Since the Industrial Revolution, people have been refining grains to make them more palatable and longer lasting. For example, white flour is refined wheat that has a longer shelf life than whole-wheat flour. White flour also turns into glucose faster, which is what our brains prefer as fuel.
White flour has no nutritional value. As a result, it caused diseases like pellagra and beriberi. Scientists have known that refined carbohydrates increase the risk of developing chronic disease and whole grains reduce that risk, but at this time in history they aren’t recognized as part of the Western diet.
Big Idea #8: We need to break away from the Western diet and return to a healthier lifestyle.
Before nutritionism, people were guided by their cultures to eat the right foods. Mothers passed on those habits to their children and they endured because they kept people healthy. Nowadays, most of us have lost that cultural food guidance and we’re eating unhealthy diets instead.
Instead of trying to find an alternative diet, the food industry has been looking for ways to improve the Western diet. One theory is that there’s a single “problem nutrient” in today’s diets. The food industry benefits from this theory because it allows them to redesign products and create new ones based on this idea.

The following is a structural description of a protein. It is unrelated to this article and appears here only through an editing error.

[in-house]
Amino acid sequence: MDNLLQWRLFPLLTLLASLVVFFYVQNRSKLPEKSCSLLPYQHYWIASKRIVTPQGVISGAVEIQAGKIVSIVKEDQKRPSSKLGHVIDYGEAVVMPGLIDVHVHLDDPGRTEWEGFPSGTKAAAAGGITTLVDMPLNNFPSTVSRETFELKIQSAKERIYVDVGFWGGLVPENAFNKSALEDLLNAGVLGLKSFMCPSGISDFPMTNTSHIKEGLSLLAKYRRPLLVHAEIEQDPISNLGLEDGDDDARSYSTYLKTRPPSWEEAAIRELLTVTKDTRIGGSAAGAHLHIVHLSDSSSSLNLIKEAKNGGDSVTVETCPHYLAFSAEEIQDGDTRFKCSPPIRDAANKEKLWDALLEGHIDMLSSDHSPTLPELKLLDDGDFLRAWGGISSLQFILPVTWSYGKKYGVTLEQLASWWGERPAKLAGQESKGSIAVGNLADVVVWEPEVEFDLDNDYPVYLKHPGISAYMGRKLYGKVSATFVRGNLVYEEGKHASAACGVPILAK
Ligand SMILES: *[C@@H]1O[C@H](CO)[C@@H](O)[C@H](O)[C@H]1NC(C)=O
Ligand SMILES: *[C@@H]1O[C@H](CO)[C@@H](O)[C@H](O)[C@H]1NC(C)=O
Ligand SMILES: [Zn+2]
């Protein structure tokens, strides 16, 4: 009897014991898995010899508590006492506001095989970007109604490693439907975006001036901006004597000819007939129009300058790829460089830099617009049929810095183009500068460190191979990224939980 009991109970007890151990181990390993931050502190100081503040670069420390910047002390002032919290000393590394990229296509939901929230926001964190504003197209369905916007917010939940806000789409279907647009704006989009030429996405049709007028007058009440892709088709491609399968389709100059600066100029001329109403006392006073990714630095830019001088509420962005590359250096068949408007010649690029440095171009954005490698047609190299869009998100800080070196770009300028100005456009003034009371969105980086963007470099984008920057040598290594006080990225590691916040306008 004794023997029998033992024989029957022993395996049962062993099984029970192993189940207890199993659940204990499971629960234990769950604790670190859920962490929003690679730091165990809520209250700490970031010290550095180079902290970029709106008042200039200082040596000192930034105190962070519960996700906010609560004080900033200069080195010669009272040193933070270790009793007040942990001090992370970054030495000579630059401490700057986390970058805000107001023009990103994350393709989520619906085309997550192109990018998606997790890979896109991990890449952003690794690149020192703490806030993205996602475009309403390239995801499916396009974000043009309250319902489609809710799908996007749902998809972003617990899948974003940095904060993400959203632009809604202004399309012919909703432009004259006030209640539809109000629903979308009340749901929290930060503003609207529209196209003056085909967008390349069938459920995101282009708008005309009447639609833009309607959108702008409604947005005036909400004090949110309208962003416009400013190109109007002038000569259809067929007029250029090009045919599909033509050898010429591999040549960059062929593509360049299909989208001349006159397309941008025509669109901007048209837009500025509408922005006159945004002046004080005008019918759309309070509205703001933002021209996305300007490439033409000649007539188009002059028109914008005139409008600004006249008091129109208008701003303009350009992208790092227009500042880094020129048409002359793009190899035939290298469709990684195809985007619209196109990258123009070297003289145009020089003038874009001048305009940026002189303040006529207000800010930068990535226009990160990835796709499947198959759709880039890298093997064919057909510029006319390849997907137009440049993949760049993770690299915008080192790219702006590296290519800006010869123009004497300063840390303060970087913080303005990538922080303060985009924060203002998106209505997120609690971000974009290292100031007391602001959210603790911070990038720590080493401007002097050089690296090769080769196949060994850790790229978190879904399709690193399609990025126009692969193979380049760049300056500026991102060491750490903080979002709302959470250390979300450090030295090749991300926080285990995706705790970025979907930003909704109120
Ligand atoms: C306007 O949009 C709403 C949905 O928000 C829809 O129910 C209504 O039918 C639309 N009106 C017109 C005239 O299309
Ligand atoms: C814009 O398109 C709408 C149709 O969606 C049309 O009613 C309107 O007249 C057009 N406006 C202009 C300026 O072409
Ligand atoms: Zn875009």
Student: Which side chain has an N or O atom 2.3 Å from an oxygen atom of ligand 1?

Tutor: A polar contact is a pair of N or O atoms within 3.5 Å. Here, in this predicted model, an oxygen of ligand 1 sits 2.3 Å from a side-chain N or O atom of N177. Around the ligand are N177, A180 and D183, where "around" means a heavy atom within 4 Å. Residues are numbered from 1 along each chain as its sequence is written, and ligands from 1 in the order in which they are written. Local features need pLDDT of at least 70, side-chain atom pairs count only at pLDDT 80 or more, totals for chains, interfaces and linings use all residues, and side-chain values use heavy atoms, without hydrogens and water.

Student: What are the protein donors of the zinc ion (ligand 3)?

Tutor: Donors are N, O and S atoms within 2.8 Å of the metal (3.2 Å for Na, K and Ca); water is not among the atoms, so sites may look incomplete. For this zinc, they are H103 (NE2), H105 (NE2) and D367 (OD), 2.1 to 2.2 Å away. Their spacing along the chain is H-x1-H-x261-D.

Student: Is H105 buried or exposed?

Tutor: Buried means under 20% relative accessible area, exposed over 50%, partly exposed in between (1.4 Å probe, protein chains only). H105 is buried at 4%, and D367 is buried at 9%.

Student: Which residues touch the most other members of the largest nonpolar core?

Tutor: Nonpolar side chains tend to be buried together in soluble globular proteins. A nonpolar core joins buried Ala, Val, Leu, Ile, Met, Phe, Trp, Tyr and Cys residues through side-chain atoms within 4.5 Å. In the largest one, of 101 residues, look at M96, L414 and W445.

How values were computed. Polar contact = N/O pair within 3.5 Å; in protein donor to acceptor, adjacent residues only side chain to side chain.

The health industry benefits from new theories, too. It’s easier and more profitable to create lifestyle treatments for diseases than it is to change the diet of an entire civilization.
It’s clear that we need to get away from the Western diet. The general population has been made aware of scientific terms, such as the lipid hypothesis and refined carbohydrates, but one thing is clear: people who eat a Western diet are more susceptible to chronic diseases than those who don’t. The solution? Stop eating a Western diet and recover food culture.
To break with the Western diet, you don’t have to follow nutritionist’s advice on which foods and nutrients to eat or avoid. It is better to follow a simple set of guidelines for deciding on a meal that will result in a more traditional and healthy diet.
Big Idea #9: People should eat natural, simple and unpretentious food.
When you go to the supermarket, look at what you’re buying. You’ll probably see that a lot of it is actually food-like products instead of real food.